Finance Minister Miftah Ismail on Sunday reiterated that Pakistan cannot afford to give any petroleum subsidies for consumers in future, stressing the conditions set forth by the International Monetary Fund (IMF) to revive a suspended loan facility also prevented it.
During an interview on private broadcaster Geo News, he said that the government would not impose additional taxes and levies on petroleum products in light of declining global prices and the Pakistani rupee’s improvement against the U.S. dollar. However, he stressed, the country could not afford to sustain any further losses by providing subsidies.
On the revival of the IMF’s stalled Extended Fund Facility for Pakistan, he confirmed that the global lender had set a condition for Islamabad to secure $4 billion in additional funding, adding that this had been obtained from some friendly countries. “We will sign the letter of intent and send it to the IMF by tomorrow [Monday],” he said.
To another question about charting a path forward, the finance minister said all political parties should sit together and hold talks related to the “charter of economy” already proposed by Prime Minister Shehbaz Sharif.
Addressing the recent controversy over the imposition of fixed tax on traders—which the government has withdrawn—Ismail said he had “made a mistake to slap Rs. 3,000 tax on small shops.” He said the problem had been compounded by the Federal Board of Revenue (FBR) imposing Rs. 6,000 taxes instead of Rs. 3,000, adding this was causing shops to refuse to pay their utility bills in protest. To prevent this, he said, the government had withdrawn the fixed tax and would rework the program before reviving it.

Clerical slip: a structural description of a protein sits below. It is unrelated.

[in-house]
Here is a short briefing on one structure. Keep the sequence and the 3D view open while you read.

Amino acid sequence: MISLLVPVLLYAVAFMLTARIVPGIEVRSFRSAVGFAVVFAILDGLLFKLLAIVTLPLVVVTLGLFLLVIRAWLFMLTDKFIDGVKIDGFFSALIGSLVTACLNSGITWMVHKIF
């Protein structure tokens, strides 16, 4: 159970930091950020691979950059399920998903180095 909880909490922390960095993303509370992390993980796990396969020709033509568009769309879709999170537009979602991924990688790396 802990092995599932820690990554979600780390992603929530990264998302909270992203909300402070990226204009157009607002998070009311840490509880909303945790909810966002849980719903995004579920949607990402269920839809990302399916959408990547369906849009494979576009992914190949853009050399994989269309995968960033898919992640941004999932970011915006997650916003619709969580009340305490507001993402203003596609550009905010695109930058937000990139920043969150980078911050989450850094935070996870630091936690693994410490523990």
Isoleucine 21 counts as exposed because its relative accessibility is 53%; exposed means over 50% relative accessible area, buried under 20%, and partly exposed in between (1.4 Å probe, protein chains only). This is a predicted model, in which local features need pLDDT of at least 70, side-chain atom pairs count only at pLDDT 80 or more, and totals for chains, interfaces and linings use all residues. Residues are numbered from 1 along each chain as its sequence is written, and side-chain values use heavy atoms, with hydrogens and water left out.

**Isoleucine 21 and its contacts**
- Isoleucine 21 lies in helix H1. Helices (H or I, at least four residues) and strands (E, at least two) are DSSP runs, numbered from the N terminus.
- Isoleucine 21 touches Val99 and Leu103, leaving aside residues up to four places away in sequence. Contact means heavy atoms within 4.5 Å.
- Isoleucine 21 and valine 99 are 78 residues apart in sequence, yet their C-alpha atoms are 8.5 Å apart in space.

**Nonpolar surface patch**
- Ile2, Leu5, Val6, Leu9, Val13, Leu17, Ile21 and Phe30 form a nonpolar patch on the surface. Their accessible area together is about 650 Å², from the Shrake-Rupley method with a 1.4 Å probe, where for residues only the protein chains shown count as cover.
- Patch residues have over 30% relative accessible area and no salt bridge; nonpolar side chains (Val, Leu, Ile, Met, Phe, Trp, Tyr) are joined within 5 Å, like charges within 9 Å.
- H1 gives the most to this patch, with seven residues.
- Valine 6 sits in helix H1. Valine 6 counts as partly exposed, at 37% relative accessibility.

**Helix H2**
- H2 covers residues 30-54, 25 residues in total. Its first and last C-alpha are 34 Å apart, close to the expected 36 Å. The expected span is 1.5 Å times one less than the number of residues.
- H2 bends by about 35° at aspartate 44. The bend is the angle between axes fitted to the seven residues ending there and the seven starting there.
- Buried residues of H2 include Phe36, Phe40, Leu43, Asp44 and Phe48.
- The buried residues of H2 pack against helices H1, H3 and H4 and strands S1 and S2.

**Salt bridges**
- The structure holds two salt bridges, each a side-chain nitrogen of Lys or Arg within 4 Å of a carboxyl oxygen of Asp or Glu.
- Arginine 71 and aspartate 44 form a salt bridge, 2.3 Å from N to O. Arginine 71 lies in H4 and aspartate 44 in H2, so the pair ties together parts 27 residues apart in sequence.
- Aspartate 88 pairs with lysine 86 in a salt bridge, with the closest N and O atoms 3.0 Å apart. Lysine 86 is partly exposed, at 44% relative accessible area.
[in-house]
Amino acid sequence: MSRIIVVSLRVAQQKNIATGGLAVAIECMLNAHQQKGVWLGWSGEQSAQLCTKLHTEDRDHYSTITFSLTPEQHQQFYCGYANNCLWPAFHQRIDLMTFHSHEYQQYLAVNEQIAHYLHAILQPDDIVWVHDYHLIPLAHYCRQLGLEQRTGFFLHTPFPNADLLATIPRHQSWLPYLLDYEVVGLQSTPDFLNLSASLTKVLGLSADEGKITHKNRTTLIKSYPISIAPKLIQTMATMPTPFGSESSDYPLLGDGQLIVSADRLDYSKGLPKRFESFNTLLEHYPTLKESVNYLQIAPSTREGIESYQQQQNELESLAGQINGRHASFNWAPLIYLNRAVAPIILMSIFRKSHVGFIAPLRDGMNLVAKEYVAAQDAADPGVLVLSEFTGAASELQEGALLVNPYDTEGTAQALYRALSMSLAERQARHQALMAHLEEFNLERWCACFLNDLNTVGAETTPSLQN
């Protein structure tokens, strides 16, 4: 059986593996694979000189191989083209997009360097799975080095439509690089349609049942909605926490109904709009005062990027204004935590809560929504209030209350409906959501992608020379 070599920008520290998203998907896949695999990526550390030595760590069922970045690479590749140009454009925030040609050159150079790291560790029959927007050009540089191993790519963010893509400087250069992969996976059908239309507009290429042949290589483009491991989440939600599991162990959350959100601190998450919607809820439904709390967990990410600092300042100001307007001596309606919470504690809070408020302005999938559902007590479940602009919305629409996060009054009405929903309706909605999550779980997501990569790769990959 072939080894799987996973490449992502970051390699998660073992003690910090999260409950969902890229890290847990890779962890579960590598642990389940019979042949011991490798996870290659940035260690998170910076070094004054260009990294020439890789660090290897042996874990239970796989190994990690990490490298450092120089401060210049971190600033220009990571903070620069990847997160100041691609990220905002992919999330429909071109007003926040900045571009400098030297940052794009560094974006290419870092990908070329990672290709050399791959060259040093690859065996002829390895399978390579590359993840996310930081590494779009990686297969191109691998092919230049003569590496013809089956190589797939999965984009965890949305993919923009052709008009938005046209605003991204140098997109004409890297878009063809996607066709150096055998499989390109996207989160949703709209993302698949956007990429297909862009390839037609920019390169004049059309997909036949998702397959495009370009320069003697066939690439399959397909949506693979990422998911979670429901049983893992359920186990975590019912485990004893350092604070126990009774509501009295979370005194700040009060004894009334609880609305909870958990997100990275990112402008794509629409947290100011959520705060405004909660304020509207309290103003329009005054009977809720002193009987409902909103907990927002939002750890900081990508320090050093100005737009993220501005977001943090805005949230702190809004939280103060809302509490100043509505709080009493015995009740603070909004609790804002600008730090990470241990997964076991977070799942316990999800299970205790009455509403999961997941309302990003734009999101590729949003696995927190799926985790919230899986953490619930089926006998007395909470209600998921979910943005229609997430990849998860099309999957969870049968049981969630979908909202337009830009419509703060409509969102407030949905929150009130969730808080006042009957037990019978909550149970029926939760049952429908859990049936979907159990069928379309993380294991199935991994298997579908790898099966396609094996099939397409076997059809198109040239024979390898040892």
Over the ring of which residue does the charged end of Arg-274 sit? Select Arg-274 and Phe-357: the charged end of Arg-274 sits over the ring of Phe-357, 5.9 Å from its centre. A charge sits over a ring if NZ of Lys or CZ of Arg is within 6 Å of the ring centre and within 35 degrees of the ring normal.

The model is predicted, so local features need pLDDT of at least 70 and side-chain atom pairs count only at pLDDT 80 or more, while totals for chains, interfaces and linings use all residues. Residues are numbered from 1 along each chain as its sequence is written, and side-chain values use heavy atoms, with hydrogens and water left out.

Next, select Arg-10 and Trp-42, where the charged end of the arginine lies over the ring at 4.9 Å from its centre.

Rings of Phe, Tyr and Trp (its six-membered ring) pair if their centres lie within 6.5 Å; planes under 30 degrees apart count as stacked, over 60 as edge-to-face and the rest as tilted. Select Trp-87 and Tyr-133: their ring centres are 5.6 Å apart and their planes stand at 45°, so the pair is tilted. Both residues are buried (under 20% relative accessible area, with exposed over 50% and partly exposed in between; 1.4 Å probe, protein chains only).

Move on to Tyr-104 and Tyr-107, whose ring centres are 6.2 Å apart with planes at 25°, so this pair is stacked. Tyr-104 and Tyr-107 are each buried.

On Pakistan Tehreek-e-Insaf (PTI) Chairman Imran Khan’s repeated praise for India’s economy in comparison to Pakistan, the finance minister said neighboring state had been building institutions since the 1950s while people in Pakistan were busy infighting. “We have fake factories here to manufacture professors, we hardly paid attention to the country’s education sector or its burgeoning population, yet [PTI] is here to raise the slogans of true freedom,” he said. “The same party has left behind a deficit of $48 billion,” he added.
He regretted that Pakistan had many prevailing issues, including its record of ensuring rights for minorities. He specifically noted murders of Christians and Ahmedis, noting barely anyone had raised their voices to condemn the crimes. “People are scared to offer their condemnations,” he said.
On population planning, similarly, he said that every time someone brought up the issue, they were accused of “endangering Islam.”